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Dealerships focus more on service and repair as new-vehicle sales decline

Expansion of operating hours, increased quick service lanes, broader nameplate repair and lower rates are competing with independents

Fort Wayne, Ind.—As new-vehicle sales are down from record-high levels of 2015 through 2019, the number of vehicles up to five years old on U.S. roads will decline between 2020 and 2022 due to factors such as the chip shortage and COVID-19, according to a new report.

In response to fewer young vehicles, many dealerships are shifting their service bay focus to an older and all-makes vehicle mix and promoting used vehicle sales — which results in refurbishing and future maintenance — and it will have “important consequences” for the growth of dealerships’ repair services in the coming years, stated the 2022 Lang Aftermarket Annual analysis.

The following are a few takeaways from the report.

Fewer Vehicles Up to 5 Years Old

Car and light truck annual sales averaged more than 17 million vehicles between 2015 and 2019, a record-high level from which the 2020 market fell precipitously. Lang Marketing estimates that between 2020 and 2022, there will be a decline of nearly five million cars and light trucks up to five years old on U.S. roads compared to the previous five years.

Dealerships Respond to Slumping New Volume

Dealerships are the first to feel the service bay impact of lower new vehicle sales, since they have traditionally focused on the repair of cars and light trucks 5 years and younger.

To compensate for fewer young vehicles, dealerships are promoting bay service to an expanding mix of vehicle nameplates and age categories, and increasing their used vehicle volume, with the refurbishment and maintenance business that this brings to their bays.

Focusing Dealership Bays on Broader Vehicle Mix

To make their bays more attractive to a wider mix of vehicles (beyond the nameplates that they sell new and older vehicles), many dealerships are making bay service more convenient by expanding operating hours and adding quick service lanes.

Competitive Pricing

Dealerships are boosting their appeal to a broader mix of nameplates and a wider range of vehicle age groups by making their repair prices more competitive with those of independent repair outlets, especially for older vehicles whose owners are usually price sensitive.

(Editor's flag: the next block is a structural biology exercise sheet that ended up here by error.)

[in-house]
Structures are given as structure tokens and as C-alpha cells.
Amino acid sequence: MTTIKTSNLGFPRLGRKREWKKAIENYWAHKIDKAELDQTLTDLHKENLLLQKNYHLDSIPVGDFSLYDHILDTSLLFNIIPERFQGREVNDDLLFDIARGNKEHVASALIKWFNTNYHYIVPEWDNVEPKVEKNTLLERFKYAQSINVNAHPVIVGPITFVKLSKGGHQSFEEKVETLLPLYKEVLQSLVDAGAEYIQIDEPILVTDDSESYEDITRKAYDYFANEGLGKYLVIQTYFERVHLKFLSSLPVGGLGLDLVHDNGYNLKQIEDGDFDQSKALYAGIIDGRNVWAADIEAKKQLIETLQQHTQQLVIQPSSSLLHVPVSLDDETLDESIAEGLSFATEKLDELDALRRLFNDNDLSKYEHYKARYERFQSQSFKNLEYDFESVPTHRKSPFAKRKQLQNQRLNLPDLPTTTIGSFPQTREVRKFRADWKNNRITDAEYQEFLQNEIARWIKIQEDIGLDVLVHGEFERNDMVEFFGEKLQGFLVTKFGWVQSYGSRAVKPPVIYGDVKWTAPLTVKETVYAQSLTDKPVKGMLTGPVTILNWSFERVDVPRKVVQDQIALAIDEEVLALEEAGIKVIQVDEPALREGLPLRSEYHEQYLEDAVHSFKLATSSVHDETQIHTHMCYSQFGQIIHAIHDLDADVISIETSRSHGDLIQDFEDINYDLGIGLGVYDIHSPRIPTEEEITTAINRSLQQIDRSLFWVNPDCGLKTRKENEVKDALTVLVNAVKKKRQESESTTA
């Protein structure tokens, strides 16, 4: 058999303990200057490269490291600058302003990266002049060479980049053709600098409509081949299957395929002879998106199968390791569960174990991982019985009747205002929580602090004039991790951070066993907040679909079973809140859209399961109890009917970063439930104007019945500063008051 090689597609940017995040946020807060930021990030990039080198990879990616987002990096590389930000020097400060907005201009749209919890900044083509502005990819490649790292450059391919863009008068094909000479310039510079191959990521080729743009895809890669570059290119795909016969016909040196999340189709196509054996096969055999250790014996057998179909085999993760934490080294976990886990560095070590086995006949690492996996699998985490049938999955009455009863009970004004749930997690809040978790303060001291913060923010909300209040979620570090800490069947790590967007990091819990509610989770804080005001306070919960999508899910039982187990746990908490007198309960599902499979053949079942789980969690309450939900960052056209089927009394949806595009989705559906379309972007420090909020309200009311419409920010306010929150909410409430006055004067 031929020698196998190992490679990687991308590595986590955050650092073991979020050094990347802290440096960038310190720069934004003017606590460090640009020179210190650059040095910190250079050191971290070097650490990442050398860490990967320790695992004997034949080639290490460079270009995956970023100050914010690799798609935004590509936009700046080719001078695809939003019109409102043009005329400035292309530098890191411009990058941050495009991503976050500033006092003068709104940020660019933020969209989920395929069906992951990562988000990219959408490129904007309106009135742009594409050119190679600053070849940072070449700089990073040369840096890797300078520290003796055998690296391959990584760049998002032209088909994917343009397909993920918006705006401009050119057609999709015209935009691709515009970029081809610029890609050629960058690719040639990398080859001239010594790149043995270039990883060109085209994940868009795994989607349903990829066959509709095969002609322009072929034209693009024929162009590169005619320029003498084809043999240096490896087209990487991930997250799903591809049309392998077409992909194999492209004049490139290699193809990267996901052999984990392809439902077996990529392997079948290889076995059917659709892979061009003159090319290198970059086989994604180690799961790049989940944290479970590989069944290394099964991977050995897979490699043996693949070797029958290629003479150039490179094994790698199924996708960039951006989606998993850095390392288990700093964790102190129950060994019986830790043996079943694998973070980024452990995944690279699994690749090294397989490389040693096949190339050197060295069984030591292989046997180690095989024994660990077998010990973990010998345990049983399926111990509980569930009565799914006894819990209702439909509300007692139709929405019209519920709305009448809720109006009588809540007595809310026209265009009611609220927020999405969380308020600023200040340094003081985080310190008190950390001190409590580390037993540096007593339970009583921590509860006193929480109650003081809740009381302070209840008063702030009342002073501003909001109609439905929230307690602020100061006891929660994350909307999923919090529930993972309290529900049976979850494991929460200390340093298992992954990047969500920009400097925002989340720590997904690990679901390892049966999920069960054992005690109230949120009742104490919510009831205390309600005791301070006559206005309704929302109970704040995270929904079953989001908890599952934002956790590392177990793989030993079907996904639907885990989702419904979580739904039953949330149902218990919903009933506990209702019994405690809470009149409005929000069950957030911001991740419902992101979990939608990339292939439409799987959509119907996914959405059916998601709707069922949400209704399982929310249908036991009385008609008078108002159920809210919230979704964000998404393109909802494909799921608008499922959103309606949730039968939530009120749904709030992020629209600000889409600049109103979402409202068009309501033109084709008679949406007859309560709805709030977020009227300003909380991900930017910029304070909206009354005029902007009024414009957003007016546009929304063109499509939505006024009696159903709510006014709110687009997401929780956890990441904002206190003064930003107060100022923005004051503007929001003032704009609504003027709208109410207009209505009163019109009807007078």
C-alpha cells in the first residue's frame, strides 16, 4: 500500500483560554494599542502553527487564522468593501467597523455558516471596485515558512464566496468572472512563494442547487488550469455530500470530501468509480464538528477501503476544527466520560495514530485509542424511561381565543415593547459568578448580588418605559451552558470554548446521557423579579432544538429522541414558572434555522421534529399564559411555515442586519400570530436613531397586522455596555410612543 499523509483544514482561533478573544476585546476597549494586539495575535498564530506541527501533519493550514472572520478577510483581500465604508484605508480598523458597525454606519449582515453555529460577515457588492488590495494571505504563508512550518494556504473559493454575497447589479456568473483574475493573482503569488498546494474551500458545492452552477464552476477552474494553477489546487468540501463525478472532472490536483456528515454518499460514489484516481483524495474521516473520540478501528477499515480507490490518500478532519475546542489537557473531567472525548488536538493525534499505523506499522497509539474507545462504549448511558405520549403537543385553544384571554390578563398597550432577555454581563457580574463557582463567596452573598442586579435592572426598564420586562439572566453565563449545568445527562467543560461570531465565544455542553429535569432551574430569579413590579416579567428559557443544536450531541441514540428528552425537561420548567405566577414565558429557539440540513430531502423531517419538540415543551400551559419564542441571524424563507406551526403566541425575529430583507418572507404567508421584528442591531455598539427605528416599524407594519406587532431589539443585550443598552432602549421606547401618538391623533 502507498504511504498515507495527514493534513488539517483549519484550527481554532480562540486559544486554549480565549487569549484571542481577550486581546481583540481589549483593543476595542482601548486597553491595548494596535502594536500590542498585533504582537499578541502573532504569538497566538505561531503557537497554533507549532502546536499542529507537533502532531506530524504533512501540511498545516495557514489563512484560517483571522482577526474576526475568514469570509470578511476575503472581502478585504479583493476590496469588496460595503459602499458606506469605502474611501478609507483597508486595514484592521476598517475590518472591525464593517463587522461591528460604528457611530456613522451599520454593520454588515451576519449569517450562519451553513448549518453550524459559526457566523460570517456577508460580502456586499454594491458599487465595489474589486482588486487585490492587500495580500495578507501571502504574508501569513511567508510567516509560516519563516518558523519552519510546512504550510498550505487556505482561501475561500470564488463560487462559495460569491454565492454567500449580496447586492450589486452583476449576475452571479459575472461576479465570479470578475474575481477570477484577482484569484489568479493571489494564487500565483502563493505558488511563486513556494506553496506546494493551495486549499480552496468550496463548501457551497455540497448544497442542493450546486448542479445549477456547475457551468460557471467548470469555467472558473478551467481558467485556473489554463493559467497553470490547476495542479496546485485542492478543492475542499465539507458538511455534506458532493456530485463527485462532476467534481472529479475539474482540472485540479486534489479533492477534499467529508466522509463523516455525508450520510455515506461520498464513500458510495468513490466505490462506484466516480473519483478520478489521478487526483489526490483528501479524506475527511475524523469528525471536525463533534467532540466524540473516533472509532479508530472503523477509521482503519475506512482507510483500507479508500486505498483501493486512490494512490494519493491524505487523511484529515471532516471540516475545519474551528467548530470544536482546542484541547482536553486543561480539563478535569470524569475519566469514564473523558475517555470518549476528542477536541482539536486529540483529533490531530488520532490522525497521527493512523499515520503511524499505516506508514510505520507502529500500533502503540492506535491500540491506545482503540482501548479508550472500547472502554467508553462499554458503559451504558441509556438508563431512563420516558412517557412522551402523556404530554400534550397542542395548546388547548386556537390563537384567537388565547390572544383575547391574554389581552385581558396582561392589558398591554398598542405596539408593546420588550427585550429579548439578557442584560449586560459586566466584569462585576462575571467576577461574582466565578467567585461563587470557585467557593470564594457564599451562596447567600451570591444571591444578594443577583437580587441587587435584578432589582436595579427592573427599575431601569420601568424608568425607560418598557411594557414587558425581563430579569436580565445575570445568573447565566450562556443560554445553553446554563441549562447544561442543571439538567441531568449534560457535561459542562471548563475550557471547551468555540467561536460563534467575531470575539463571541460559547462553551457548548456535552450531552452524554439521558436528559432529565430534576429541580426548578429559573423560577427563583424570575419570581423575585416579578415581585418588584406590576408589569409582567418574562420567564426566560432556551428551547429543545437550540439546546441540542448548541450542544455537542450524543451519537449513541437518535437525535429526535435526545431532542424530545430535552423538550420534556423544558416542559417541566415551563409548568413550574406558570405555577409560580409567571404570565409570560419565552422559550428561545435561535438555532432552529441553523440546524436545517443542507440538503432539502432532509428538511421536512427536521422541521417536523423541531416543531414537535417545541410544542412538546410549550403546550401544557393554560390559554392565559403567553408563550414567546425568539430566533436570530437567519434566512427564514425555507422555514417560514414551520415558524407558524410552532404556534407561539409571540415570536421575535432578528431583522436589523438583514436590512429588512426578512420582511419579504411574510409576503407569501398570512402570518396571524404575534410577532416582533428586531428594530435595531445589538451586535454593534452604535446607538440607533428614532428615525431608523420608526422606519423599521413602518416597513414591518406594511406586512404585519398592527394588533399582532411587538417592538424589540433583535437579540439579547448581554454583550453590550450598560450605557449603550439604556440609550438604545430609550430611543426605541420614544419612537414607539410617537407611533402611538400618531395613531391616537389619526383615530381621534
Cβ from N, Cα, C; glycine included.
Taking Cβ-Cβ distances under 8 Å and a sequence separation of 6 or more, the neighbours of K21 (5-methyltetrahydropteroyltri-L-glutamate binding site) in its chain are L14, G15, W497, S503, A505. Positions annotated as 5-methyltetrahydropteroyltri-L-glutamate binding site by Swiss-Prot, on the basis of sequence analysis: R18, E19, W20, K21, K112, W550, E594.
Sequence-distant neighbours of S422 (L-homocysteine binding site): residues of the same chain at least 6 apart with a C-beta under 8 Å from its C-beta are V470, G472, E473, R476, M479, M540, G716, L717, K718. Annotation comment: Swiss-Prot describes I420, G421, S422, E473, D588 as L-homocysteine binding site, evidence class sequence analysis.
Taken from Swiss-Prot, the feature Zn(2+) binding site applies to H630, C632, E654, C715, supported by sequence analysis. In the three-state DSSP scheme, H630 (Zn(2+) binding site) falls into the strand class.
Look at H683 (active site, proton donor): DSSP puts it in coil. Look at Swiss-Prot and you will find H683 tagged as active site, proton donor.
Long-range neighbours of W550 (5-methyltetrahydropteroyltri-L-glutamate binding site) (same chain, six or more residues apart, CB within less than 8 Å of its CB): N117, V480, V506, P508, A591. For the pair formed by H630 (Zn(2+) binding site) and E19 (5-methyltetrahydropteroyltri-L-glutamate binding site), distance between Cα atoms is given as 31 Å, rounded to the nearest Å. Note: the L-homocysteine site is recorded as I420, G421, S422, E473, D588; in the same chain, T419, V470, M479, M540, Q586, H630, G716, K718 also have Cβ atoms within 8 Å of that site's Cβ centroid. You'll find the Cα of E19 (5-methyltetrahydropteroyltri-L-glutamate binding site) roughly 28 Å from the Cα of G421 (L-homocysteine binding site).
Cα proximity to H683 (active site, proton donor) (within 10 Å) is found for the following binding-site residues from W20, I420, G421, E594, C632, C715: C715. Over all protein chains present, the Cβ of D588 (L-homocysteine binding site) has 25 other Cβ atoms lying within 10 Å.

Tire Sales and Oil Changes

Many dealerships are aggressively promoting tire sales and oil changes to expand their bay reach to a broader mix of nameplates and vehicle age categories. This increases the likelihood that these vehicle owners will return to the dealership for other types of repairs, because of the repair relationship that dealerships have cultivated with them.

Quick service lanes have been effective in attracting nameplates other than those sold by dealerships and an older mix of vehicles, particularly in terms of oil changes and tire sales.

Hot Used Vehicle Market

The current used vehicle market in the U.S. is encouraging many dealerships to promote used vehicles as a means of developing their service bay business.

The used vehicle market offers dealerships a number of benefits: used vehicle sales (with high profit margins) to replace the lower volume of new cars and light trucks, refurbishing of vehicles to make them resale ready, and future repairs on the used vehicles they sell.

The growing dealership bay volume in the broader mix of nameplates and older vehicles (whose owners are often price sensitive) is expanding the use of non-OE parts in dealership service bays. This provides independent parts manufacturers and distributors with the opportunity to increase their parts sales to dealership bays.

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